There was a distinct moment during the tribulations of David Petraeus when his ordeal by gossip began to feel like a universal threat, one aimed equally at our own privacy. It wasn’t simply the spectacle of the world’s most powerful warrior—unbowed in the face of IEDs, al Qaeda, political vagaries, or foreign intelligence agencies—suddenly brought low by a few stray emails on the domestic front. The scale of the ensuing media storm evoked the elemental forces of ancient Greek drama and made him an Everyman. His punishment soon felt utterly disproportionate and arbitrary. The most saintly of us have secrets. We have all sent emails we regret. Teenagers put up dodgy social media posts every day that will haunt them in adulthood. We can all be publicly humiliated. Petraeus sat atop the greatest machinery of secrecy. If his indignities can be so easily exposed so pitilessly, who is safe?
It’s no good arguing that the famous or powerful have signed on to such risks, that they are crucially different from us. With the advent of the Internet, anybody can shame anybody, and the stain can endure through generations across continents. Nor is there real comfort in the notion that digital media promotes the exposure of genuinely egregious offenders such as the Jerry Sanduskys and Jimmy Saviles. A precisely appropriate forum exists for such cases: the criminal justice system. And there are reasons why it has checks and balances—to protect the innocent while calibrating punishment for degrees of guilt. Today’s scandals do no such thing. Instead, they unleash ancient mythological furies with the power of modern technology.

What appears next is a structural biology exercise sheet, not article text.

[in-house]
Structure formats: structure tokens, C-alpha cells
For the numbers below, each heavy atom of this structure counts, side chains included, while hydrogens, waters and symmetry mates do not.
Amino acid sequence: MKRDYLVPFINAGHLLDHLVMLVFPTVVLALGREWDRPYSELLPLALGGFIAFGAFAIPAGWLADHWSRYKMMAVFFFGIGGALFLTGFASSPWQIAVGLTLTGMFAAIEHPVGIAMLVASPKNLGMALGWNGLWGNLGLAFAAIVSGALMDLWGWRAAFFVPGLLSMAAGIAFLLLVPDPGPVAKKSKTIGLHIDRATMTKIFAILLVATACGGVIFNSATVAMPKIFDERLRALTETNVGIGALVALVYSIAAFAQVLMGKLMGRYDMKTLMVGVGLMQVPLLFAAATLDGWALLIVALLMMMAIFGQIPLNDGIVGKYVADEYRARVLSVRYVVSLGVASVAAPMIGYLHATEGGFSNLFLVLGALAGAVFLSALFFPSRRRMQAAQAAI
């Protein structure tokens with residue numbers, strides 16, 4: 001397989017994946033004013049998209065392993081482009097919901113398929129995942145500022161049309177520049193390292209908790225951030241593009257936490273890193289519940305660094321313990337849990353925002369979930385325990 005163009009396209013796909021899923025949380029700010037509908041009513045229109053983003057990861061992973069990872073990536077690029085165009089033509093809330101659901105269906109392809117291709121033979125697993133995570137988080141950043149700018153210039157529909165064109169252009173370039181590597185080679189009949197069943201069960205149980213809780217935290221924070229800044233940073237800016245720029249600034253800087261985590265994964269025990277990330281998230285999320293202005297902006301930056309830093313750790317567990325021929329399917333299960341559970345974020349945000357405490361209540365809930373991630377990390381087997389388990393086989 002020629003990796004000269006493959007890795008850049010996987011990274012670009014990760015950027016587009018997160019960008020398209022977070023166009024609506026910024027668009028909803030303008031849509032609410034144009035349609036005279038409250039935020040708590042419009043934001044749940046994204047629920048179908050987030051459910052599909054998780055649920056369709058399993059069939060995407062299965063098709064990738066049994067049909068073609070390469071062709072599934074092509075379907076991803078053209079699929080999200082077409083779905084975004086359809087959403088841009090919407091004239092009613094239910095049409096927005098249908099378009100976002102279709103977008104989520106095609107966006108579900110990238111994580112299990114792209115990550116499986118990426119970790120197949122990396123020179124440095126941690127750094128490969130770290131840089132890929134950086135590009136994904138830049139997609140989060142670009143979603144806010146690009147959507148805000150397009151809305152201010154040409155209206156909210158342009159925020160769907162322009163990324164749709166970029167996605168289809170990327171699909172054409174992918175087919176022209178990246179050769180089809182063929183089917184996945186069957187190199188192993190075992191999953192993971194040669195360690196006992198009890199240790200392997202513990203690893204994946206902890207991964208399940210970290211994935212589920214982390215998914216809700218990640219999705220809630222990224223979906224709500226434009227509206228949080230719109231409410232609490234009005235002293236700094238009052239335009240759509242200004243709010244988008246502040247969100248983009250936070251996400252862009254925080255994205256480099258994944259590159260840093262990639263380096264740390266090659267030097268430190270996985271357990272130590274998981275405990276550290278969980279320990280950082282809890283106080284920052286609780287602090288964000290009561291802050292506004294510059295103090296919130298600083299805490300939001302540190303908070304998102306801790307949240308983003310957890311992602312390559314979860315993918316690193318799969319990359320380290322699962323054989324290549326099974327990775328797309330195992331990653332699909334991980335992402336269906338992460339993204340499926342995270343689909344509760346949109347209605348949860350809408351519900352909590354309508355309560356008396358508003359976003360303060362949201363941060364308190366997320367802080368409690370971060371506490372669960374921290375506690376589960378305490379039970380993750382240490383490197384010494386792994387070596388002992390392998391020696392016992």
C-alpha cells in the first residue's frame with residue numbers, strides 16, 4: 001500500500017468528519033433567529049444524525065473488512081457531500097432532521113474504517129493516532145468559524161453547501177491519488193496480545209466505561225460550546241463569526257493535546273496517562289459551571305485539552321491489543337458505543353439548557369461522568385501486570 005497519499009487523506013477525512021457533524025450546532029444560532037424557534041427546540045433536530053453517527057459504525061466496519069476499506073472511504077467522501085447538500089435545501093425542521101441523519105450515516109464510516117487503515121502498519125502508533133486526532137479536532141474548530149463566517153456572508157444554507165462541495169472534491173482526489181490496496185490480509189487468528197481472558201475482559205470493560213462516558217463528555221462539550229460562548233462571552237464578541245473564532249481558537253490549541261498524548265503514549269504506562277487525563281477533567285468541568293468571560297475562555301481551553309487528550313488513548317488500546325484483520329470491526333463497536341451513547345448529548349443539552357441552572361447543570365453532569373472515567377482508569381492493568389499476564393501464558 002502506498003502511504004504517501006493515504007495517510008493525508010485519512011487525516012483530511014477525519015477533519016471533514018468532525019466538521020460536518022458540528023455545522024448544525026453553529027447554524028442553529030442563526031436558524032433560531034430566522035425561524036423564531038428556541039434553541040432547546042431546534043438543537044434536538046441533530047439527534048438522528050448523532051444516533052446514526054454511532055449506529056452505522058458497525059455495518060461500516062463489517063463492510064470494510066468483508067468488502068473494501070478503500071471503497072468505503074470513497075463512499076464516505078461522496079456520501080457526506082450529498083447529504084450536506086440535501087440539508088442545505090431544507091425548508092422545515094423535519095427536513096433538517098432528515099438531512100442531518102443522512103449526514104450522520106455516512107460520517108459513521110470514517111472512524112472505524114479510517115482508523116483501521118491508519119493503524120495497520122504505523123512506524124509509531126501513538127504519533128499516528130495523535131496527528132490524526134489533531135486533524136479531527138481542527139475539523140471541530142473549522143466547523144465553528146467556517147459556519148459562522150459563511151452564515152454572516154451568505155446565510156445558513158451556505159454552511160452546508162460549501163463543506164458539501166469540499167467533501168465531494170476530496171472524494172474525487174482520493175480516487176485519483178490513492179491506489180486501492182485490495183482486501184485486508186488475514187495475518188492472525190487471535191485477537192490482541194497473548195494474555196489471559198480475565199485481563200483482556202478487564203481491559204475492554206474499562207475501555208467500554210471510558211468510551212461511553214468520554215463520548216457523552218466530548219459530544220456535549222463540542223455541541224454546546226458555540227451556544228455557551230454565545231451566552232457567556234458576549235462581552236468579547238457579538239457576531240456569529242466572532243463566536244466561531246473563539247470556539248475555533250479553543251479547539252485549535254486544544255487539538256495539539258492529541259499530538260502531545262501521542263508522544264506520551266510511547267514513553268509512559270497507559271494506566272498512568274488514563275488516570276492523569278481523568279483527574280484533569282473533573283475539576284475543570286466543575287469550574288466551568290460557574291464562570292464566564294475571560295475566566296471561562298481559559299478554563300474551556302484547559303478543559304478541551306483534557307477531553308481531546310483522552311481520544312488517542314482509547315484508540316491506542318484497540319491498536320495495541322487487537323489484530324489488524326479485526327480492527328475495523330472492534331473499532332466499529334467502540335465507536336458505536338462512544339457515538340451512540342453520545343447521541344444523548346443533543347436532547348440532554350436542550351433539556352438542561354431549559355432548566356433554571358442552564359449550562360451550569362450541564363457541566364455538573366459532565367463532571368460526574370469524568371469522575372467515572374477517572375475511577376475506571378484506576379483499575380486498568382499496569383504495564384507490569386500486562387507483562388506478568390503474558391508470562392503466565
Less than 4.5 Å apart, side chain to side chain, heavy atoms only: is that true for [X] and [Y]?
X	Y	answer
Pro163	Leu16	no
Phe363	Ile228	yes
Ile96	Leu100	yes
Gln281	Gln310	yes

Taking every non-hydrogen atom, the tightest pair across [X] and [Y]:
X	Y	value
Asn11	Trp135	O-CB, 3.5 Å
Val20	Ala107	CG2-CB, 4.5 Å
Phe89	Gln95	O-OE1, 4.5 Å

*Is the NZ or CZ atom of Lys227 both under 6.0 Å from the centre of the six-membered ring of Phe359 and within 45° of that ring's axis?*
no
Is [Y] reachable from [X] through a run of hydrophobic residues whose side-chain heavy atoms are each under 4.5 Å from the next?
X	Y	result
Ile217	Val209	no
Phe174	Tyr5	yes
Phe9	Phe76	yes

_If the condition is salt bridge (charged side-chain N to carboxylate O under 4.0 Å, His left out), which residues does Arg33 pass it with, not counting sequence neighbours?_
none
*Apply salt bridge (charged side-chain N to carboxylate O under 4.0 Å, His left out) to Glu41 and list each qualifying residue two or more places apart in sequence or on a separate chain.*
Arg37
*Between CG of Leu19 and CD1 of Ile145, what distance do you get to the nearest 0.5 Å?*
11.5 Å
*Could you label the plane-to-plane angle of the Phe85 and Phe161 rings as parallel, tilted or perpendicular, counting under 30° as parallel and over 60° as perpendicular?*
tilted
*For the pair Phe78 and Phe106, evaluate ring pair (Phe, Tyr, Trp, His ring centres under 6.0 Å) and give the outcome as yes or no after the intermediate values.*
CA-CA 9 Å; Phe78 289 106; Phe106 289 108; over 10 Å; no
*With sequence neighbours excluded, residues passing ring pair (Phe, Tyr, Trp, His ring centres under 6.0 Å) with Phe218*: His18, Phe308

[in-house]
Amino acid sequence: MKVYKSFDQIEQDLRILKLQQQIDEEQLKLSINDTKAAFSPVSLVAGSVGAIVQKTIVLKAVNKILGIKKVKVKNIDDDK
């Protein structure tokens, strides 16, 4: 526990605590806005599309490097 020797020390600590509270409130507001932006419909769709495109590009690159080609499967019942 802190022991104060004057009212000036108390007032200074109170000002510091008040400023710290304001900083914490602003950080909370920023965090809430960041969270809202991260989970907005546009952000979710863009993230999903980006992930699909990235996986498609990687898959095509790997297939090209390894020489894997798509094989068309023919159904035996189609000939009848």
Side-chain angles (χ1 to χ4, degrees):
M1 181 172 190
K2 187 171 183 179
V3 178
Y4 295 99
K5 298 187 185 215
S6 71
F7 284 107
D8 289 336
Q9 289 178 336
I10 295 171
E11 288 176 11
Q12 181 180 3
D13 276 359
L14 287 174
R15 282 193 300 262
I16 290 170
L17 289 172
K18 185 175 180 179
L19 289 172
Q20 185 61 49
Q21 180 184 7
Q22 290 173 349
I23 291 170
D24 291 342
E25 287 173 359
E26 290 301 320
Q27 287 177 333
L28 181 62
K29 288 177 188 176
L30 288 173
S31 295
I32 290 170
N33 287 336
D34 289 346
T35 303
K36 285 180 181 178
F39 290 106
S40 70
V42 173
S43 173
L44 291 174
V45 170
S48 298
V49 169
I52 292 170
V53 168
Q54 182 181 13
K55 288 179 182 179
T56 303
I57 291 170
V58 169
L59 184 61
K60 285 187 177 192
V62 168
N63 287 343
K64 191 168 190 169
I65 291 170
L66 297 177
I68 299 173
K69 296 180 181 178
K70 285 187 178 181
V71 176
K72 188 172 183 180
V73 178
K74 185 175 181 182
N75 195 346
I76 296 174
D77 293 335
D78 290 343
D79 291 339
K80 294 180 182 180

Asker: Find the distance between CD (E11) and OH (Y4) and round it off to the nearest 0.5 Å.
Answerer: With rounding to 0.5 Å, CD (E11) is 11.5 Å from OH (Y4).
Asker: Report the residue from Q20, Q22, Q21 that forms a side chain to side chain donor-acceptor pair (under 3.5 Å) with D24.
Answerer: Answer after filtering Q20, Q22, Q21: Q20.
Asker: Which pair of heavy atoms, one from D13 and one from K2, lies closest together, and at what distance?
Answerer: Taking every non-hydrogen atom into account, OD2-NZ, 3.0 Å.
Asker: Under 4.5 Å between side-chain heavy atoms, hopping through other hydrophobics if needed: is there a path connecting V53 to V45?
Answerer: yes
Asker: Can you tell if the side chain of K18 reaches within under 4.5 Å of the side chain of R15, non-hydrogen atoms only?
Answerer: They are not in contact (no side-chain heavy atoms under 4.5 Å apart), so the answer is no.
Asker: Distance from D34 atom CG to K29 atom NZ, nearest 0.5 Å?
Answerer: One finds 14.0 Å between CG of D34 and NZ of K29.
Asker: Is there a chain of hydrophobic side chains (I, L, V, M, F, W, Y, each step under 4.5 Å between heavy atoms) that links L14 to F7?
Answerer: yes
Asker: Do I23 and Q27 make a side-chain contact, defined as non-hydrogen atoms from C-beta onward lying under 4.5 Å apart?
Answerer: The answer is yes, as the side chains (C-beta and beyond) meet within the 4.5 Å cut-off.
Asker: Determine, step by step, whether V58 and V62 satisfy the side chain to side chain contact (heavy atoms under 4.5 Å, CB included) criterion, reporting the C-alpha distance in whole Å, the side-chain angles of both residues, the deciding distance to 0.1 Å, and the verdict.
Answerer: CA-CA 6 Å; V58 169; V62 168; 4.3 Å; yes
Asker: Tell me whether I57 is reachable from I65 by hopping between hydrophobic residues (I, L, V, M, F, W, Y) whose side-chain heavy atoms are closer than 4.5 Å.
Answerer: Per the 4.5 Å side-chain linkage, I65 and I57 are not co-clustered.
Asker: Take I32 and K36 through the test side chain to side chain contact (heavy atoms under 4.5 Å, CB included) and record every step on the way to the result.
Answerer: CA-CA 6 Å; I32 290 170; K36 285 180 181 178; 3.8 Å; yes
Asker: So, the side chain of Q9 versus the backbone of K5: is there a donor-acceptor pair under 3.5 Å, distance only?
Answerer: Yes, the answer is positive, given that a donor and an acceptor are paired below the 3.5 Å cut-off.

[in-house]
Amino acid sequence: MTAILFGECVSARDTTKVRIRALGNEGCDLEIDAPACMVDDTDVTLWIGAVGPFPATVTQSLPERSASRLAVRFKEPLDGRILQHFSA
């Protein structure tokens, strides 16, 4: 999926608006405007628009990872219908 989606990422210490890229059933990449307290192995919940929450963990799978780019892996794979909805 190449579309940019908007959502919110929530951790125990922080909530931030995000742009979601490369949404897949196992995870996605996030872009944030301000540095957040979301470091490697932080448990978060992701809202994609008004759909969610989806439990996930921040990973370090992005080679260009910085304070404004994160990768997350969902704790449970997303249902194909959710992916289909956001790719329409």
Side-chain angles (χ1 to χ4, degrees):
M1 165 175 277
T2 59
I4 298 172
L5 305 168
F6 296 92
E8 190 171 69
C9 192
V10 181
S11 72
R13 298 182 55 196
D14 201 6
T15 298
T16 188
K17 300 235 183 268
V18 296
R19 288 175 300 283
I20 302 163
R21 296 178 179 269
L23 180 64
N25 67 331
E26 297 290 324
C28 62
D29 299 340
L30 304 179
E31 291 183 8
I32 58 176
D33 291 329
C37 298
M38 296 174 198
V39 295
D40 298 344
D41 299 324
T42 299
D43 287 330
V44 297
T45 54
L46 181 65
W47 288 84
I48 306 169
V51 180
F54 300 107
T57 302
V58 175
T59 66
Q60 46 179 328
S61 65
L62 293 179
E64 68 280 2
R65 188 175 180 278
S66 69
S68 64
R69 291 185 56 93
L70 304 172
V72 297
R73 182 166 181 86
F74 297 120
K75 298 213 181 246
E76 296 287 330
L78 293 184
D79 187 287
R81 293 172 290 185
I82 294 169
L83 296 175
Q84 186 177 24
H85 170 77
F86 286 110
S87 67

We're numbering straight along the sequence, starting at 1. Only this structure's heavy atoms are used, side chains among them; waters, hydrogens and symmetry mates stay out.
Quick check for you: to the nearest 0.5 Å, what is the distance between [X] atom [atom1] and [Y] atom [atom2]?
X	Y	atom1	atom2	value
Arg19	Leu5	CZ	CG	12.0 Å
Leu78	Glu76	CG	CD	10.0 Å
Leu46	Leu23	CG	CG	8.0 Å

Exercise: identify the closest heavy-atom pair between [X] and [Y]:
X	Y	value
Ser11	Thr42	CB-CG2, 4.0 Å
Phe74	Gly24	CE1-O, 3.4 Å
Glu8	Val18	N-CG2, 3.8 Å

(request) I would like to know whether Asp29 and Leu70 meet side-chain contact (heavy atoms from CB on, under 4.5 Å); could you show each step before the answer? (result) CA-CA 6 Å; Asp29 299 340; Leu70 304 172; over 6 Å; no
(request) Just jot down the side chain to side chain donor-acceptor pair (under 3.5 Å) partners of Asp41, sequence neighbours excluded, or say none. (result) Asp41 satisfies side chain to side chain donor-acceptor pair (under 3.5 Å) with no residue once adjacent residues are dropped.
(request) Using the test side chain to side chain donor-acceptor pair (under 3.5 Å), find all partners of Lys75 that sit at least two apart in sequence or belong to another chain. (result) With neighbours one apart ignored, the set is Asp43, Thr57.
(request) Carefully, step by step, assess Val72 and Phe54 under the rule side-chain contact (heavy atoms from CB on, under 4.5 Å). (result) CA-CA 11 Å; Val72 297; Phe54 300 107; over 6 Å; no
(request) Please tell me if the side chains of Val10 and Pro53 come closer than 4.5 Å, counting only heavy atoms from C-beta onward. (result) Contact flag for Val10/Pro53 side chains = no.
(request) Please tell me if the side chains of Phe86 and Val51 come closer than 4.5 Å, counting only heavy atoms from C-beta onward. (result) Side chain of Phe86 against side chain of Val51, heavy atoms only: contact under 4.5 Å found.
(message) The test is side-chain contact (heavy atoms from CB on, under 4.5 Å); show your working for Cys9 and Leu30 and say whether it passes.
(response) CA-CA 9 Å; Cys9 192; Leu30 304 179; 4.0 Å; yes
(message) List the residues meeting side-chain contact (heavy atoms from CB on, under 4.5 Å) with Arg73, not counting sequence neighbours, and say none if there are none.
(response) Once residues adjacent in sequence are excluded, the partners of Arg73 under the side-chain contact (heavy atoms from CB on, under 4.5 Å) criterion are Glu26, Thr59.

Suddenly, we are back in the archaic time of fear, where anyone who rises too high can get arbitrarily destroyed by the Gods, where there’s no distinction between guilty and innocent, merely between the lucky and unlucky. In the current pedophilia scandal gripping the U.K., retired Tory party treasurer Lord McAlpine had his reputation quickly destroyed by allegations of child abuse that got retracted only after a Twitter tsunami took hold. “I was living in the South of Italy gardening, and I find suddenly the whole world has collapsed on me,” McAlpine said. He is looking to sue 10,000 Twitter users for defamation. Either way, he is one of the unlucky.
The truth is we have created a police state in which we are both the persecutors and the victims. The most modern of technologies has ushered in the end of the modern era by destroying privacy and returning us to a primitive age of odium. Urban mobility and immigrant aspirations depended on a high degree of anonymity that allowed people to restart and self-invent, to leave behind the burdens of class, sect, and inherited identity. Now, even family sins are back in vogue. The media routinely hounds relatives of scandal subjects. This is what police states do. With the Internet, future generations will curse their family luck.
Open societies are slowly committing suicide by digitally amplified rumor and innuendo. You do not see totalitarian leaders destroyed by prurience. But it won’t be long before they meddle in our politics with threats of scandal. Twitter users don’t, on the whole, care about checking sources. With our survival at stake, it’s time to impose some road rules for modern privacy if only by countering shame with decency. We should all begin by purging ourselves of the “guilty pleasure” of gossip as entertainment that, in truth, is neither victimless nor private. Anyone publicly exposing or trading in confidential emails—or rumor through social media—should be identified and openly vilified, and that includes law enforcement agencies. Once a scandal erupts, its origins quickly get forgotten. No one seems bothered by how or why the FBI probe into Petraeus’s emails became public—who leaked their content and by what authority. He was in charge of defending our freedoms against enemies. When Taliban leaders heard of his downfall they laughed out loud.